20. Avoid leavened foods the whole week of Passover.

21. Fast on Yom Kippur. End your fast with a shot of schnapps! (Just not near law enforcement.)

22. Say Kaddish on a yahrzheit.

23. Help lift the bride or groom at a Jewish wedding.

24. Watch an Israeli movie with subtitles. Ones I’ve loved: “The Band’s Visit,” “Ushpizin” and “Sallah Shabati.”

25. Look up the towns your relatives came from.

26. Learn some pithy Yiddish phrases. Example: “Az me lozt a khazer aruf af der bank, vil er afn tish” — “Give a pig a chair, he’ll get up on the table.” (Not to be confused with, “If You Give a Mouse a Cookie.”)

27. Attend a minyan. If your synagogue is anything like mine, it’s sometimes hard to get a minyan — a gathering of 10 Jewish adults — so that folks can officially say Kaddish for their loved ones. If you show up and you’re over 13, you count toward the 10. Yes, you’re officially an adult, as far as Judaism is concerned.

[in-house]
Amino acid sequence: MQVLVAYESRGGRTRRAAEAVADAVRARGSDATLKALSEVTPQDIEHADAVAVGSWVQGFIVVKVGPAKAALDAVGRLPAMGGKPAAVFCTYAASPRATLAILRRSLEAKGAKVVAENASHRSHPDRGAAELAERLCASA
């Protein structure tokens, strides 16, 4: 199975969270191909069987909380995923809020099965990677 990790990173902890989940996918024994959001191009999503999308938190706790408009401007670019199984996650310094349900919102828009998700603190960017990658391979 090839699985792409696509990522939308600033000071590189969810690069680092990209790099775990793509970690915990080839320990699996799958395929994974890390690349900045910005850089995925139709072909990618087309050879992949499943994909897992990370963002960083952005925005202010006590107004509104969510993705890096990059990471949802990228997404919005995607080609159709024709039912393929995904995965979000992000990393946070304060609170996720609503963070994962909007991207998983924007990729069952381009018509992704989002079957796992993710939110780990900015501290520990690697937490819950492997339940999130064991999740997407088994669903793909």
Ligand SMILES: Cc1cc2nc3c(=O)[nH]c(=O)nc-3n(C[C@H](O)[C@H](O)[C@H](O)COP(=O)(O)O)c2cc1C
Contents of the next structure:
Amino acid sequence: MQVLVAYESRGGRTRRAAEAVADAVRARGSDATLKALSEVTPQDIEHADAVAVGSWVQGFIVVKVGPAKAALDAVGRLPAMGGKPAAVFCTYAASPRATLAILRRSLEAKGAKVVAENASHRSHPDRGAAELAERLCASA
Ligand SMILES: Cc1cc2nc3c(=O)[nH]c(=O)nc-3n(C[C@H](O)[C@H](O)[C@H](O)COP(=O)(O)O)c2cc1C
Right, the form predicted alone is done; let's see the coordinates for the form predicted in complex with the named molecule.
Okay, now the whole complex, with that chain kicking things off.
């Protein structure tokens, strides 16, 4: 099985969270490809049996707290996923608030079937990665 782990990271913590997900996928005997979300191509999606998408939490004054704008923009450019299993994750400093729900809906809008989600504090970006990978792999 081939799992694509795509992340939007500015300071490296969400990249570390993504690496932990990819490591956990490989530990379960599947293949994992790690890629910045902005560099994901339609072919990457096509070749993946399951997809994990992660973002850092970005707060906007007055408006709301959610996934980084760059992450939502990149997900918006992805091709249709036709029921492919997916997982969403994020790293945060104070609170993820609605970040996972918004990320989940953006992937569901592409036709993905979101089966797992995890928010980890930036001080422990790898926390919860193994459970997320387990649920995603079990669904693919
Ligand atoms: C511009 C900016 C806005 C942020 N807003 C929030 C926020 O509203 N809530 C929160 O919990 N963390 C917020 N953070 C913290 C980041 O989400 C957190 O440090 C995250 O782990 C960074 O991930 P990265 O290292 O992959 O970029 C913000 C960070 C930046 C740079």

28. Read one of the books you received for your confirmation or bar/bat mitzvah.

29. Read the Superman comics. Compare and contrast to the legend of the Golem.

30. Wear your tallit. Yes, girls, too.

31. Have a crush on Natalie Portman or Paul Rudd. Or even Paul Rudnick, depending on your taste.

32. Play Risk using five dreidels.

33. Join a Jewish group, like USY (United Synagogue Youth) or BBYO (not BYOB! BBYO is B’nai B’rith Youth Organization).

34. If you had a bar or bat mitzvah, read your Torah portion every year.

35. Traveling? Attend Friday night services wherever you may be. Bonus: You’ll stand out, and someone will probably take you home for dinner.

36. Visit the oldest synagogue in your city. (See “Bonus,” above.)

37. Attend a Christian celebration. Feel interested, delighted and slightly alienated.